STATEMENT BY THE CITY’S EXECUTIVE MAYOR, PATRICIA DE LILLE
Note to editors: the following speech was delivered by the City’s Executive Mayor, Patricia de Lille, at a special tribute session to Ahmed Kathrada at the full Council meeting today, 29 March 2017.
It is indeed a sad day as we are still reeling from the loss of a gentle giant, Struggle stalwart, and a guardian of our hard-won freedom, Ahmed Kathrada.
Yesterday morning we awoke to the news that Uncle Kathy, a Freeman of the City, is no more.
We have lost a wonderful soul and a man who fought courageously and with conviction against the unjust forces of the apartheid regime.
At Tata Madiba’s funeral, he said: ‘When Walter [Sisulu] died, I lost a father and now I have lost a brother. My life is in a void and I don’t know who to turn to’.
We believe that he is now at peace with the other great fathers of our democracy.To honour Uncle Kathy’s contribution in attaining our freedom, in 2015 the City of Cape Town awarded the highest honour to Uncle Kathy – the Freedom of the City – where he joined fellow Freeman Tata Madiba and Archbishop Emeritus Desmond Tutu.
In awarding this honour, his citation read: ‘The life of Ahmed Mohamed Kathrada has been a chronicle of the journey for the fight for freedom. His voyage started with his involvement in the struggle against apartheid in 1941.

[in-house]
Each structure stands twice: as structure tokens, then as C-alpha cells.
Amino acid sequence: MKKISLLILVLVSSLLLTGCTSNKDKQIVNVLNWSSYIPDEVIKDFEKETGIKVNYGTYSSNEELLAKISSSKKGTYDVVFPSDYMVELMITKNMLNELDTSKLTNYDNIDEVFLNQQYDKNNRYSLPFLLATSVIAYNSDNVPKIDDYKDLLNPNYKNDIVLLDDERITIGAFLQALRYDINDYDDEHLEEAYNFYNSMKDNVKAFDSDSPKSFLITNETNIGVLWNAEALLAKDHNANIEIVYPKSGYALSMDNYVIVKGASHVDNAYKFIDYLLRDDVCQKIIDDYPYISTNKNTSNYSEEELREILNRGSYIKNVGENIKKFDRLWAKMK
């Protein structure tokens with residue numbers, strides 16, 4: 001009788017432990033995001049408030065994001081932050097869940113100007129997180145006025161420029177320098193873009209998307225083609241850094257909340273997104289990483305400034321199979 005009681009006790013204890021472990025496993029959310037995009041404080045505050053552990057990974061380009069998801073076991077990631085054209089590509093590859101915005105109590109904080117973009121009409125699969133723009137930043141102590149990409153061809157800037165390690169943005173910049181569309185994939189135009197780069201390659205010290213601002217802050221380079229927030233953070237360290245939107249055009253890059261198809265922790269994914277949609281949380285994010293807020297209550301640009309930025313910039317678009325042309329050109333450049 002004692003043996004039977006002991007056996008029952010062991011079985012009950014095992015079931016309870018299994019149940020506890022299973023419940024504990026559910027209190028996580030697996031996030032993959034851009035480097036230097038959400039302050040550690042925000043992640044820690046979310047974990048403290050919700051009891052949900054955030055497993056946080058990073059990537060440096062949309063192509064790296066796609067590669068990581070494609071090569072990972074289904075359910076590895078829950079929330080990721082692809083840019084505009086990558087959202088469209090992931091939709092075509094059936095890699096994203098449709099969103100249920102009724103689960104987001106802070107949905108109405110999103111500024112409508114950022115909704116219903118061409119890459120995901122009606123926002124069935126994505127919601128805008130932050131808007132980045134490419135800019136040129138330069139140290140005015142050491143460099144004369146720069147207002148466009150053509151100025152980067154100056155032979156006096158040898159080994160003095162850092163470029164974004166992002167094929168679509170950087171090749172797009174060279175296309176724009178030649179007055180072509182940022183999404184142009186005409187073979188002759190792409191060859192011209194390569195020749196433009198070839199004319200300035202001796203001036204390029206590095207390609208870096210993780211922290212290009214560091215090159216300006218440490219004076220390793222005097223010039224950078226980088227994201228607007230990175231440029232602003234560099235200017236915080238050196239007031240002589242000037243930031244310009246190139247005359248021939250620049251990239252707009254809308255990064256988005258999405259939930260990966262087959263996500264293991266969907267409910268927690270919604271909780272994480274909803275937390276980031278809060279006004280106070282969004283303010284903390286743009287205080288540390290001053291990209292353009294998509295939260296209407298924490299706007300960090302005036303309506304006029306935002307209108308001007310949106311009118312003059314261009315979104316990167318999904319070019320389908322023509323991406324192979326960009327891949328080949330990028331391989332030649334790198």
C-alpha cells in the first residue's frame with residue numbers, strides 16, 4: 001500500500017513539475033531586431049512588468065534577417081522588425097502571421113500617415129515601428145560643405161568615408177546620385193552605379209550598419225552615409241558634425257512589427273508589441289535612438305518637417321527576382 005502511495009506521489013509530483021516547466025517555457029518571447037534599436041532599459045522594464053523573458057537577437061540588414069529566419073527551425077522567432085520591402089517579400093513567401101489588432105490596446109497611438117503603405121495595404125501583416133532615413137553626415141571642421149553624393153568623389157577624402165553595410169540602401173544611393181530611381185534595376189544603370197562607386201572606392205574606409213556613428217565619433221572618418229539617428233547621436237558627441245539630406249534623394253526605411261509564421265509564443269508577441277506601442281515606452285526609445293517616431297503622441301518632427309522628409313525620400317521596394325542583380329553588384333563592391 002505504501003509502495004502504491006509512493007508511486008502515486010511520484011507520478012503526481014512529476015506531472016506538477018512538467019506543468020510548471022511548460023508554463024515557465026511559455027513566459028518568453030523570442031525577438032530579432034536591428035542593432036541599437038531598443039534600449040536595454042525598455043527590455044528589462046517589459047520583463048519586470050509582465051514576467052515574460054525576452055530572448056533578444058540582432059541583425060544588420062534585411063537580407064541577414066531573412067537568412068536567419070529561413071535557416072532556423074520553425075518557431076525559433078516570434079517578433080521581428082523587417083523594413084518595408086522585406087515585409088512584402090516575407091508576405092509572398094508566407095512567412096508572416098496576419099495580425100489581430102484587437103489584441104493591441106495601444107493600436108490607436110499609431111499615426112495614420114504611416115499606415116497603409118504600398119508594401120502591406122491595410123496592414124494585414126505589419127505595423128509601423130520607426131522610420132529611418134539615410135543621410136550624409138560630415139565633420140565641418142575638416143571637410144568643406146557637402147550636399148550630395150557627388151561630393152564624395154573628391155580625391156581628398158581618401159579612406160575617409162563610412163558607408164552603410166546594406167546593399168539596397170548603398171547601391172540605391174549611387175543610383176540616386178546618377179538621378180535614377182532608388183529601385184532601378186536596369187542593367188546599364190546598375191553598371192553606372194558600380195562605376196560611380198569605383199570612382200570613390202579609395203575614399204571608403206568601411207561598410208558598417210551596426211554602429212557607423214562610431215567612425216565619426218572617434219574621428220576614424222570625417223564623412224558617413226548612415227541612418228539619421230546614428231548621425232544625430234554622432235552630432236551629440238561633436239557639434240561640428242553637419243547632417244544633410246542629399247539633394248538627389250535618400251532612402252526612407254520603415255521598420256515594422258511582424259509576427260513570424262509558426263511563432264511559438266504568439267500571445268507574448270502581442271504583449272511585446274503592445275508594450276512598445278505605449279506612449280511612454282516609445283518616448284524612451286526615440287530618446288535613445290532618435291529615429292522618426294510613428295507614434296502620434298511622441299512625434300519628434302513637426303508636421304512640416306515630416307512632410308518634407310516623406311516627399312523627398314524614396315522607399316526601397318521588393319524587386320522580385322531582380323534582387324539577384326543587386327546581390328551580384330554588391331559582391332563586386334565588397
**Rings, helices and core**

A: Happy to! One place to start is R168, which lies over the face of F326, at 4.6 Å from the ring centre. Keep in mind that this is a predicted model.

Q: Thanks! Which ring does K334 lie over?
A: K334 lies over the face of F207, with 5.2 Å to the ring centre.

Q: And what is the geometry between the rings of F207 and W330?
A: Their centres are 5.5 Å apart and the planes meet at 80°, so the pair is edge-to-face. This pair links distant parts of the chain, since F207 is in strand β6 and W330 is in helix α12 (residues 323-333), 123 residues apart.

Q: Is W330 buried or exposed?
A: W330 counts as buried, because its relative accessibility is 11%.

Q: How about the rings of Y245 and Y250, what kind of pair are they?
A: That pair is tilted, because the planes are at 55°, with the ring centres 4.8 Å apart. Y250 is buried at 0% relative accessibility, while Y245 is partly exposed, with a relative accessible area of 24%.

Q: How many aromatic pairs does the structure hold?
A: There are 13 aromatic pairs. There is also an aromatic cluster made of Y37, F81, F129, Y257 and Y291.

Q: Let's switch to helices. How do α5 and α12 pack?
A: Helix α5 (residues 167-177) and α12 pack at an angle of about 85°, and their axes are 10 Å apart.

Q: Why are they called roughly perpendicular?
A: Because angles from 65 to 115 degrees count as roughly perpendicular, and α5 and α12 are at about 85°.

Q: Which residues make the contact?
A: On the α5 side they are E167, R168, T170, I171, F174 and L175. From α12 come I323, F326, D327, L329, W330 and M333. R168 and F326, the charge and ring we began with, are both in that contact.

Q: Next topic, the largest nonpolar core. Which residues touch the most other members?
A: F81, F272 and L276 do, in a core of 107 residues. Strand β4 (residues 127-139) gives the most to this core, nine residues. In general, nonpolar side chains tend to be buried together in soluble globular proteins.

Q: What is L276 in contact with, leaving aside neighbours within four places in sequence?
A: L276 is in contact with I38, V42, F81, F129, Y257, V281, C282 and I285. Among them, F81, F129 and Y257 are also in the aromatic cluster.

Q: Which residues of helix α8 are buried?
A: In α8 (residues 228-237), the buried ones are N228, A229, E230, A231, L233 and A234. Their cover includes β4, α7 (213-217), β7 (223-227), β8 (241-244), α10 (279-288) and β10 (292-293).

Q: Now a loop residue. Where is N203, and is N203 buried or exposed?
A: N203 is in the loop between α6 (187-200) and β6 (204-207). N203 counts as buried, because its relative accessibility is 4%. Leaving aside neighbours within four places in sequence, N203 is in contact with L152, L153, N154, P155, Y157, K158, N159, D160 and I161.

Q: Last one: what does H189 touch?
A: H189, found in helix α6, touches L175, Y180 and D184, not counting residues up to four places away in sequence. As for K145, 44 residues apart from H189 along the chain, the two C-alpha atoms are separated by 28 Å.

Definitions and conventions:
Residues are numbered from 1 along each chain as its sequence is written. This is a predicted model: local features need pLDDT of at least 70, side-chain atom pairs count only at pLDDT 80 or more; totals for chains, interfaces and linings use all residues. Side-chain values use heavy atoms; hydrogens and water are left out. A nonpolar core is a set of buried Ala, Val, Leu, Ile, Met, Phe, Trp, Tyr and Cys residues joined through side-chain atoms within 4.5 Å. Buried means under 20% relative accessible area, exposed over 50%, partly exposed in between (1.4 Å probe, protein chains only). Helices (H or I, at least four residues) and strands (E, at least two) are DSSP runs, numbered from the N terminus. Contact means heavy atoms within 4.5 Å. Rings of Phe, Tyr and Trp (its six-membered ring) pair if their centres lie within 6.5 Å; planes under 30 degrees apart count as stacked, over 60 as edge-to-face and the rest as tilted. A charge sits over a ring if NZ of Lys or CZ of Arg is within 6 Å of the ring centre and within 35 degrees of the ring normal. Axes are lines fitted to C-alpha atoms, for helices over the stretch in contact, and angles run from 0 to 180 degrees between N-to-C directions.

‘His life is deeply woven into the tapestry of Cape Town’s history and heritage and his sacrifices and humility will remain a lasting inspiration for the coming generations. His story will endure as a moral compass for our democracy.
‘Mr Kathrada’s life has shown us the power of forgiveness and shines a light on the path leading to the values of our Constitution’.
We were honoured to have Uncle Kathy call Cape Town his home for the past few decades and that in his quest for a non-racial society, he endorsed the City’s Inclusive City/Anti-Racism Campaign.
He remained a counsellor to our young country in the project of reconciliation.
I remember a heartrending moment when, during one of our Inclusive City dialogues, Uncle Kathy gave a powerful testimonial recounting how he arrived at his determination to build a non-racial society.
He recounted visiting the former death camps of Nazi Germany, where millions of people were murdered.
He described seeing lampshades made with the skin of murdered Jews and understood in that moment the dark cul de sac that the impulse and logic of racial essentialism leads to.
His humility, grace, and quiet determination are a reminder of the very best qualities of servant leadership.
He lived as an example to us every day and his legacy is such that it will reverberate for generations to come.
Mr Speaker, that legacy can only live on if we as current leaders continue to live by the values enshrined in our Constitution and follow the examples of Uncle Kathy and Tata Madiba.
We mourn a great man, an icon, and a guardian of our freedom who continued to speak truth to power till his last days.
The City of Cape Town extends our deepest condolences to his partner, Barbara Hogan, his family and friends, and the Ahmed Kathrada Foundation.
The City will be consulting the family about arranging a memorial service.
We will forever be indebted to him for his sacrifices and contribution in the fight for our democracy and human rights.
Hamba Kahle Uncle Kathy. We will always cling to your example as one of our country’s great moral compasses. Rest in peace.